FTIR Measurement of Cellulose Microfibril Angle in Historic Scots Pine Wood and Its Use to Detect Fungal Decay

Kate Hudson-McAulay, David Auty, Michael C. Jarvis

Research output: Contribution to journalArticlepeer-review

3 Scopus citations


Microfibril angle (MFA)–the orientation of cellulose fibres in the S2 layer of the secondary cell wall–is a key determinant of the stiffness and strength of timber. The microfibril angle depends on the way in which the timber was grown and its position within the tree. Microfibril angle can be measured by X-ray diffraction and other methods, but the methods in current use are slow or require advanced instrumentation. The aim of this study was to explore the use of polarised Fourier transform infrared (FTIR) microscopy as a relatively fast and inexpensive method for measuring MFA in historic Scots pine (Pinus sylvestris L.). The FTIR measurements were calibrated against X-ray measurements of MFA in modern Scots pine. We observed a wide range in MFA values and a radial pattern of MFA similar to modern Scots pine in undecayed Scots pine heartwood from sixteenth and seventeenth century beams in Scottish secular buildings. The density of the heartwood was also similar to modern plantation-grown Scots pine despite the much slower growth rate recorded in the ring widths of the historic timber. The sapwood, which had been attacked by both insect pests and fungi, showed an erratic reduction in density and a large increase in MFA compared to the modern material. The increased sapwood MFA was attributed to selective destruction of the S2 layer of the wood cell walls by fungal decay. Using MFA measurements in conjunction with density offers the possibility to estimate the mechanical properties of sound historic pine timber, to detect fungal decay more sensitively than by density alone, and to distinguish between pest and fungal attack in a way that relates directly to the remaining mechanical performance of the timber.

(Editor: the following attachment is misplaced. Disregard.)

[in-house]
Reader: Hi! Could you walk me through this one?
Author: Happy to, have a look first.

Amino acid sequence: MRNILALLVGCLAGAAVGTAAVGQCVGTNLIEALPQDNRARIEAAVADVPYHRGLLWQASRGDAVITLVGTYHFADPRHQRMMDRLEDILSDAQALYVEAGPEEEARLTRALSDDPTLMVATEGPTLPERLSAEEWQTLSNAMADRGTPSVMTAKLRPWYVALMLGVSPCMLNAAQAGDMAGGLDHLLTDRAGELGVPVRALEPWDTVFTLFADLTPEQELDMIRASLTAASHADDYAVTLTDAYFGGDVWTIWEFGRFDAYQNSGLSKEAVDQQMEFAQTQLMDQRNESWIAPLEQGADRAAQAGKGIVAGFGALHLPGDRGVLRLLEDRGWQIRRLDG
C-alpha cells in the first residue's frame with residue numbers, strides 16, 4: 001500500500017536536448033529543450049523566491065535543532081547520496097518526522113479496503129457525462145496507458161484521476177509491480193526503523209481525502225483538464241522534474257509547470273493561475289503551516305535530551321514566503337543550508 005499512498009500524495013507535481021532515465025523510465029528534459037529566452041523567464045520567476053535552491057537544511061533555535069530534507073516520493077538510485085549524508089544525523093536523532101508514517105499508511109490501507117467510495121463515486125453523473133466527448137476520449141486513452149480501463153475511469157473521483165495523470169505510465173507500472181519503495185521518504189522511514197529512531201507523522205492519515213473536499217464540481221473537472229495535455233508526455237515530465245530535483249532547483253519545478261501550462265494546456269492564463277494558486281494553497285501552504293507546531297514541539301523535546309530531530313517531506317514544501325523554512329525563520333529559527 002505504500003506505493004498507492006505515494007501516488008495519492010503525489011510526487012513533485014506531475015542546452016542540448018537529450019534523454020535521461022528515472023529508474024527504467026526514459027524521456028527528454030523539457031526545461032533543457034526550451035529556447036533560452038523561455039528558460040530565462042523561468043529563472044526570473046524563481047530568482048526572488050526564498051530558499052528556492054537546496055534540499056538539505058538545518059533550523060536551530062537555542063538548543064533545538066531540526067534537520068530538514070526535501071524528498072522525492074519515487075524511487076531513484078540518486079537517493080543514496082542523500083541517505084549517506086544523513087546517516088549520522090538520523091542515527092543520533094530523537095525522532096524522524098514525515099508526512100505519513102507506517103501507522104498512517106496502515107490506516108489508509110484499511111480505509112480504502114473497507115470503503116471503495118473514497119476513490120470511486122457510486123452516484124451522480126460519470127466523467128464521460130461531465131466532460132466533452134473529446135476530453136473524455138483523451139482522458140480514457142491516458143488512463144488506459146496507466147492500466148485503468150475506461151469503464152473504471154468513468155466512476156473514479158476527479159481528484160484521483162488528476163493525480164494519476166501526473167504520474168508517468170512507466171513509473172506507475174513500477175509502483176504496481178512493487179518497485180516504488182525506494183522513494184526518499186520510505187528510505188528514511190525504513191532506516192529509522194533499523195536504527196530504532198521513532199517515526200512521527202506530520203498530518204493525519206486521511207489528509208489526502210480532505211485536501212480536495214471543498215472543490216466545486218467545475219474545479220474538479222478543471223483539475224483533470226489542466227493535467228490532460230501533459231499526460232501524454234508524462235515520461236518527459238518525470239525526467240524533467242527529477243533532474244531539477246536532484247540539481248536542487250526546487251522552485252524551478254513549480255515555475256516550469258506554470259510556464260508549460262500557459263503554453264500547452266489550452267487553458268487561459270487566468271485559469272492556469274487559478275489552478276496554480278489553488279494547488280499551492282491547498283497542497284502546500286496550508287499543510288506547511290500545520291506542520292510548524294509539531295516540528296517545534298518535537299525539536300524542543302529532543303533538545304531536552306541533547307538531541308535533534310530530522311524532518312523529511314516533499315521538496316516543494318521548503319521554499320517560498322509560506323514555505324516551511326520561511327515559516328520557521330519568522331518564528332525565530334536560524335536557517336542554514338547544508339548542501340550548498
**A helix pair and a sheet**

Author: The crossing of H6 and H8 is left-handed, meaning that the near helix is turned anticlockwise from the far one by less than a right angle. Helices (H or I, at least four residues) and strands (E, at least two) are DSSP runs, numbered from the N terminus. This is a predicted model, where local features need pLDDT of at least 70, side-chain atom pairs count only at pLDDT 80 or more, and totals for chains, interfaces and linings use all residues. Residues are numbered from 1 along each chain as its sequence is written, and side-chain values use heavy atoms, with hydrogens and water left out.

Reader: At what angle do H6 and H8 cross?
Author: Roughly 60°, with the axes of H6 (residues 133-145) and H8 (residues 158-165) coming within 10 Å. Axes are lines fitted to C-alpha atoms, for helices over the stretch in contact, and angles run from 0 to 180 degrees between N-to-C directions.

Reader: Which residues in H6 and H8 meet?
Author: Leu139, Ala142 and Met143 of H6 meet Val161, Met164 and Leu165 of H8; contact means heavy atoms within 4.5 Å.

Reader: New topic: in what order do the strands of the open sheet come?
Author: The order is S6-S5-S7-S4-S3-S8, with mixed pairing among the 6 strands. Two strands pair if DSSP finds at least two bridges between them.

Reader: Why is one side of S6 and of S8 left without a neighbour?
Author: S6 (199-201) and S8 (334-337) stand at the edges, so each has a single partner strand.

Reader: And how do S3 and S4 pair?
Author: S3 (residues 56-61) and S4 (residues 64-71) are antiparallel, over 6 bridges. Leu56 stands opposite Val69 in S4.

Original languageEnglish (US)
Pages (from-to)375-382
Number of pages8
JournalStudies in Conservation
Issue number6
StatePublished - Aug 18 2018


  • Wood
  • brown rot
  • cell wall
  • infrared spectroscopy

ASJC Scopus subject areas

  • Conservation


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